The Time Warp Effect: Frame Rate Conversion
In movies, a filmmaker has the ability to alter time thanks to a technique called frame rate conversion. A typical video plays back at a speed of 30 frames per a second (fps), which is also the speed which is normally used for recording. When we want a video to play back at high speed, we record it at a frame rate that is less than 30 fps, and when we want slow motion, we record at a speed greater than 30 fps. So, when a shot is recorded for ten seconds at 15fps, it will take five seconds to play back that clip. If the video was shot at 60 fps, then it will take twenty seconds for the entire clip to play back.
Now, there are two ways to create high speed and slow motion effects. One is to do it with your camera when shooting. The other way to is to alter the frame rate in post-production.
Changing the Frame Rate in Camera
The traditional way of changing the frame rate is to do it in camera. If you’re going for a high speed effect, then whichever method you choose is going to produce the same results. But, if you’re going for a slow motion effect, then getting it in camera will get the best results. The reason why slow motion is best to be done in camera is that you will have unique and distinct frames in the video clips as opposed to duplicate frames that are created when a clip’s playback speed is altered in editing.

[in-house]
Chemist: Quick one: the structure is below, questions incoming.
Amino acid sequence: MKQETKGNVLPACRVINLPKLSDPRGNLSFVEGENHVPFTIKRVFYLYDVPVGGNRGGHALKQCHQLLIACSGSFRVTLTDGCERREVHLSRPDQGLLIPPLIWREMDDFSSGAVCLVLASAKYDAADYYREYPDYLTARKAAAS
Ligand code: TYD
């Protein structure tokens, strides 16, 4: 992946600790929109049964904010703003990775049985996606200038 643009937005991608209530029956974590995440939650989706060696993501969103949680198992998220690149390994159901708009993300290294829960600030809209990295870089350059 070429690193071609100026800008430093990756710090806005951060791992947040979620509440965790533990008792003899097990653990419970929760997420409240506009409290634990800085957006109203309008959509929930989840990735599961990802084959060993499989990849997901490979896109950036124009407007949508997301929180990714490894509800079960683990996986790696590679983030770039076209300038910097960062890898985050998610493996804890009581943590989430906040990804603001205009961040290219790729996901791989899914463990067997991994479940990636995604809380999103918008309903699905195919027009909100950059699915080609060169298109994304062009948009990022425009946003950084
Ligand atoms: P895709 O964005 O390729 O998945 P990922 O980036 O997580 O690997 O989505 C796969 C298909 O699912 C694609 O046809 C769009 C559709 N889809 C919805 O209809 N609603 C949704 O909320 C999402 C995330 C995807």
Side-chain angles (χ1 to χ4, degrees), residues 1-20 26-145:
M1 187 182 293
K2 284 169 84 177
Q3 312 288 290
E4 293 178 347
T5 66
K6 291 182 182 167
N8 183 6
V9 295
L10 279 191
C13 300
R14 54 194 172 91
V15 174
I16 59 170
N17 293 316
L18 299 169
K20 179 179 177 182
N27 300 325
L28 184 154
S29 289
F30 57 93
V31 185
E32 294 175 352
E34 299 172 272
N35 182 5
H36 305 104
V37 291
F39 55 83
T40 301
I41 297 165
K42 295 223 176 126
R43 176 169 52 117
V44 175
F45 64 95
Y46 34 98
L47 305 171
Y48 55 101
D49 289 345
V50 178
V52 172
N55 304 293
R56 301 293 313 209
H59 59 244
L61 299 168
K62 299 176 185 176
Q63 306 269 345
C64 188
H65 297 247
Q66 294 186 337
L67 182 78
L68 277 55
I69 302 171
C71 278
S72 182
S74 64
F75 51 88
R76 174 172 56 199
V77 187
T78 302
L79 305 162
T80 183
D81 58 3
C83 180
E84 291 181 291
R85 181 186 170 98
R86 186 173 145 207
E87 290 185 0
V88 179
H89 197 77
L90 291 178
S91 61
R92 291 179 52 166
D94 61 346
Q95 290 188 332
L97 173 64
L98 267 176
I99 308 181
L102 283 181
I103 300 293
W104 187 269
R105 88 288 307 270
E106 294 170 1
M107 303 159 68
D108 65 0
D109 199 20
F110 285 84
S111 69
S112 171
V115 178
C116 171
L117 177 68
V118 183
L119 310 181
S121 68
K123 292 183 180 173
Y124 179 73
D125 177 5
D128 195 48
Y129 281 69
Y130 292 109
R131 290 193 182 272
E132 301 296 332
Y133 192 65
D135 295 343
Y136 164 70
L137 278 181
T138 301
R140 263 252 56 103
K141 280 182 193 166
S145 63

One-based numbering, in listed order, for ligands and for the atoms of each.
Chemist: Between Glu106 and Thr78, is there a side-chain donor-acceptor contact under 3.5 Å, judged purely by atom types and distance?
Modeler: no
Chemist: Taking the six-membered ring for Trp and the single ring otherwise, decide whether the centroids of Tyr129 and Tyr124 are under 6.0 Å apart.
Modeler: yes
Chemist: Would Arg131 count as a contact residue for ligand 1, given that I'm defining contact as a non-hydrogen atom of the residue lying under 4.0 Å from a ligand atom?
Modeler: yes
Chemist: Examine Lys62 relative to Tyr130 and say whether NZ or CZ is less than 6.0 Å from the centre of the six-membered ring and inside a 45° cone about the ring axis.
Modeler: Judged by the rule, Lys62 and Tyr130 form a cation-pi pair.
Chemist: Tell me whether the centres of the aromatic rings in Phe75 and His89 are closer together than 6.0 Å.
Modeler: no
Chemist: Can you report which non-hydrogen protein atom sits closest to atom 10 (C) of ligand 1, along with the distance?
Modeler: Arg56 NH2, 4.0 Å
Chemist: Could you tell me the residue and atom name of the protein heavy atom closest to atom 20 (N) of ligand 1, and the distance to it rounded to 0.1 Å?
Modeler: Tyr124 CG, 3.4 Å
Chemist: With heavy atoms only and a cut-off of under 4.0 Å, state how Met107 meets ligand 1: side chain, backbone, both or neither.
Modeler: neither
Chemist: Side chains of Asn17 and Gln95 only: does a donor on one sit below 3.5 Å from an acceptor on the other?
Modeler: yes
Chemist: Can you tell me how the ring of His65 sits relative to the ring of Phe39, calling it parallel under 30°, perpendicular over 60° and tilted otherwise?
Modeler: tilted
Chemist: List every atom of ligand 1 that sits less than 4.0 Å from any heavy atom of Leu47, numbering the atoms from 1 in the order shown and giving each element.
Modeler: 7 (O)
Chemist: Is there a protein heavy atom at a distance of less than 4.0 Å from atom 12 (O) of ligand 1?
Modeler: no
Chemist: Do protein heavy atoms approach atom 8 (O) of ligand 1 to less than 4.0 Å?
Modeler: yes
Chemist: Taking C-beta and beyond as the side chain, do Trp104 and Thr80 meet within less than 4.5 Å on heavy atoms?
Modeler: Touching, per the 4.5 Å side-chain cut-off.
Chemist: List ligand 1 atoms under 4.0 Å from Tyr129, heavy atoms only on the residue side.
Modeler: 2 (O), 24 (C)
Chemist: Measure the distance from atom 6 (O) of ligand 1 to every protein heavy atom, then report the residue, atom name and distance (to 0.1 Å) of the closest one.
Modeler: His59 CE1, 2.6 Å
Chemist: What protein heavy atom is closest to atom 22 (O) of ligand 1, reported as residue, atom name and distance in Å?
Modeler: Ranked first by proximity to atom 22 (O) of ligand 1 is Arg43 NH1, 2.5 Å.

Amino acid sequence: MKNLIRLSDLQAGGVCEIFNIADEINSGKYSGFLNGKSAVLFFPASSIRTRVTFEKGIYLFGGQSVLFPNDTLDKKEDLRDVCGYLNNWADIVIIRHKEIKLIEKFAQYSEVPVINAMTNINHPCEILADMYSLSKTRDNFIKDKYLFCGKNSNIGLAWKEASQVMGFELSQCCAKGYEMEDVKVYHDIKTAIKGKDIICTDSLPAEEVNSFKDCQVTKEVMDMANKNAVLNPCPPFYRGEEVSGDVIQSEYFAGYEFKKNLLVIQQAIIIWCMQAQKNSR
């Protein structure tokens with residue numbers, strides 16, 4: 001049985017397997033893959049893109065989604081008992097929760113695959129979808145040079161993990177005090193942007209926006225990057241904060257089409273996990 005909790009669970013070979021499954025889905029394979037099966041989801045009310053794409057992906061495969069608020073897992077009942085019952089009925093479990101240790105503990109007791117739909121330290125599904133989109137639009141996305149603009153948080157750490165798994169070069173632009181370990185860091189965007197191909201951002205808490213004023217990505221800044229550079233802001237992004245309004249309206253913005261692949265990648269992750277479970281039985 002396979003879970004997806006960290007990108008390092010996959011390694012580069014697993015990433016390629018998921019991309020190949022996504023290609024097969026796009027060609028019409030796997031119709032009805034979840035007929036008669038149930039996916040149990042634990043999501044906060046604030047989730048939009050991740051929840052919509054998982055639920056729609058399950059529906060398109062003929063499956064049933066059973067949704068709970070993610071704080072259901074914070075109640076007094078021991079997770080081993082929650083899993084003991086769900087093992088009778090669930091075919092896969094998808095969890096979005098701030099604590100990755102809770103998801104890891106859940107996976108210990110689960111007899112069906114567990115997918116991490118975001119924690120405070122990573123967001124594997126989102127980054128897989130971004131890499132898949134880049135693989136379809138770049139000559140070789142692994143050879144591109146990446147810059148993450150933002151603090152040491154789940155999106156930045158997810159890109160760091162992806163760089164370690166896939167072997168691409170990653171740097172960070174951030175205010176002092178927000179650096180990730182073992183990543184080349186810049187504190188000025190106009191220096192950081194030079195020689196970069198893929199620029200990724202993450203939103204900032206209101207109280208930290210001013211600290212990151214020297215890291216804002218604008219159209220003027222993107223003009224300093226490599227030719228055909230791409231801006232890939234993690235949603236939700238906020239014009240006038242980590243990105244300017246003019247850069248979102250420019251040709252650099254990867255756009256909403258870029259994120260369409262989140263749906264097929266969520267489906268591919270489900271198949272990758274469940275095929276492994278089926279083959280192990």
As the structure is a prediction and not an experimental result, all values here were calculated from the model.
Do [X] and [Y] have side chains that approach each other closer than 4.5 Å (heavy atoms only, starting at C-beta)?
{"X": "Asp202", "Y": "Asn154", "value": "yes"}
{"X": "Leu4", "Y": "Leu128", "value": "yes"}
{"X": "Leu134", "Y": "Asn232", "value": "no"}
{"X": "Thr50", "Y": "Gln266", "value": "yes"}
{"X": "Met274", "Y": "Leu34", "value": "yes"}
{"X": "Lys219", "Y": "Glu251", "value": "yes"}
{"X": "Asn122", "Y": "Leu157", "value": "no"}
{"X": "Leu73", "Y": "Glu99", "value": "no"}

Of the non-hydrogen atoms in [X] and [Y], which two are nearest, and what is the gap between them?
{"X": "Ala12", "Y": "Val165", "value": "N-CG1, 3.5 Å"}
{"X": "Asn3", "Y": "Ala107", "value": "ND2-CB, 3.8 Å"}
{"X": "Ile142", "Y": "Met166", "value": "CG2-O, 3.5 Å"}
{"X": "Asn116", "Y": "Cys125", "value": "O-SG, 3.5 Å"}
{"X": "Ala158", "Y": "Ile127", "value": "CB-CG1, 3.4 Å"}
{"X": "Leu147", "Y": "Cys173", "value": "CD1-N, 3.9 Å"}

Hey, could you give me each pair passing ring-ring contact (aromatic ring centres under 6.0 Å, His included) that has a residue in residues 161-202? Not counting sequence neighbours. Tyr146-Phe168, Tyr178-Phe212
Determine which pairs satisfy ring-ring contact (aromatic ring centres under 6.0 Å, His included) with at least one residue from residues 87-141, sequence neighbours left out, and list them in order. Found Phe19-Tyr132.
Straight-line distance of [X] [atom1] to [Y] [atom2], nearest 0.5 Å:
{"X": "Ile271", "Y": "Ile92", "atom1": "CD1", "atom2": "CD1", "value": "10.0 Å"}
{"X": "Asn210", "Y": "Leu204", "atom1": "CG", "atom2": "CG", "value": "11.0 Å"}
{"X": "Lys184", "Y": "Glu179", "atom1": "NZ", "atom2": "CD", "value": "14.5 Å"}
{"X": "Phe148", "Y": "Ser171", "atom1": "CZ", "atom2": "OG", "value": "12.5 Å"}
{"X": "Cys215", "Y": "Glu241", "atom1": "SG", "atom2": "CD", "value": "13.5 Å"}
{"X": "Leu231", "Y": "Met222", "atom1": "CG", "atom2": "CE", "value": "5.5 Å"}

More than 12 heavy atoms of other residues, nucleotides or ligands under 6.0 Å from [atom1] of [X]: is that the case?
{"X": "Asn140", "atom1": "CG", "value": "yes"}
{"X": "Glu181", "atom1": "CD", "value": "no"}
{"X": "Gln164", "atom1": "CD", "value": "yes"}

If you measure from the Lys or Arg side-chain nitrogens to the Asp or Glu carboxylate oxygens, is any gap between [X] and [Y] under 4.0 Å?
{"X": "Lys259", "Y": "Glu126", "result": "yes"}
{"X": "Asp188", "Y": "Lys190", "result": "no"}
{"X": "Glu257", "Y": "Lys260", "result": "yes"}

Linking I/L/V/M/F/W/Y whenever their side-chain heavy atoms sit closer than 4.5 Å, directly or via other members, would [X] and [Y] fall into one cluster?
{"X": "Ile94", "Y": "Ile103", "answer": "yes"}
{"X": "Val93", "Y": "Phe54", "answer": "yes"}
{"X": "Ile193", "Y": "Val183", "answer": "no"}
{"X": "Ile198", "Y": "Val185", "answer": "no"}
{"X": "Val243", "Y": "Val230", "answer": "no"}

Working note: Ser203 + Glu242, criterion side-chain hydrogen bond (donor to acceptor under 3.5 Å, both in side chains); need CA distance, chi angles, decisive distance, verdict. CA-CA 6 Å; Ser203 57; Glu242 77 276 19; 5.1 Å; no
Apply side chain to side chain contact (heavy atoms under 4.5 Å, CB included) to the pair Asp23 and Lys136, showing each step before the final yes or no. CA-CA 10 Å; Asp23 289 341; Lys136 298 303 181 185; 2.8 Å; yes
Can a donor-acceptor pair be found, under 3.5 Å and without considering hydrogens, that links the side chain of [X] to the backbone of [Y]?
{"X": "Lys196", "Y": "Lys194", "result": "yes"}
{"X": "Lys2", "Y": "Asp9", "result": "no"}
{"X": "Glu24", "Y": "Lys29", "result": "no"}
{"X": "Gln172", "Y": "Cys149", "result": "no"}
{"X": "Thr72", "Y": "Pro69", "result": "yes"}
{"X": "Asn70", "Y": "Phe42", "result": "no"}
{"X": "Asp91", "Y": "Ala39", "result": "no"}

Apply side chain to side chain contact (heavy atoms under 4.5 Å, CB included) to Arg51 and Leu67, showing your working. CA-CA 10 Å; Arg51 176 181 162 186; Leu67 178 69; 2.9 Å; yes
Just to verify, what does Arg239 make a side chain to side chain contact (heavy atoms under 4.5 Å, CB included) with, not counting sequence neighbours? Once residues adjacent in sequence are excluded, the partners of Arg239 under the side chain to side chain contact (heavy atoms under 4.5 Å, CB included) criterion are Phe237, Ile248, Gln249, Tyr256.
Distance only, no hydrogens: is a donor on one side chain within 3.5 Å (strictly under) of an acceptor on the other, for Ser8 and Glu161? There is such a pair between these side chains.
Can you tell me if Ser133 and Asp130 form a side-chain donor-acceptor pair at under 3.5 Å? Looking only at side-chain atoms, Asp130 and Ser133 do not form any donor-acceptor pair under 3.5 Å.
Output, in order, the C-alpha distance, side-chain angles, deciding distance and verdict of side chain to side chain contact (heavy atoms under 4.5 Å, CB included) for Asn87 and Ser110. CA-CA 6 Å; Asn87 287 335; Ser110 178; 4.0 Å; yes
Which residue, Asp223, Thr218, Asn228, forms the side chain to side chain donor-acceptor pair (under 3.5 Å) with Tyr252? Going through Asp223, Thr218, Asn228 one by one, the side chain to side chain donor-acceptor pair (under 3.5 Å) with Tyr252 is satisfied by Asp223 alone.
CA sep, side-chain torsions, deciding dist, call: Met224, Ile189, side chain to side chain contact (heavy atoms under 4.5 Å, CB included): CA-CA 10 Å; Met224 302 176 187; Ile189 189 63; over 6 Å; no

The biggest challenge that a filmmaker has to over come when altering the frame rate in camera is to compensate for the lighting. The frame rate is altered because the shutter speed is changed. Video being shot at 15fps gets twice as much shutter time than 30fps video. You need to reduce the light levels of the shot or else you’re going to have an over exposed image.
If you’re shooting slow motion, then you need more light than normal because the shutter speed gets reduced. If you do not adequately compensate, you will have an underexposed frame.
Changing the Frame Rate in Post-Production
Thanks to the digital age, it is possible to easily alter a clip’s playback speed in post-production. To create a high speed effect, the program just removes frames from the clip to shorten it’s length. For slow motion, the program duplicates and adds frames to extend the clip’s running time.
You can easily chop up your clips in editing and alter them to create a time warp effect. If you plan on doing this in your movie, then plan out all of the details before you shoot so you know what will happen where. If you have the ability to change the frame rate in your camera, then you should take advantage of it because slow motion looks better that way. Otherwise, you can just alter the frame rate in post.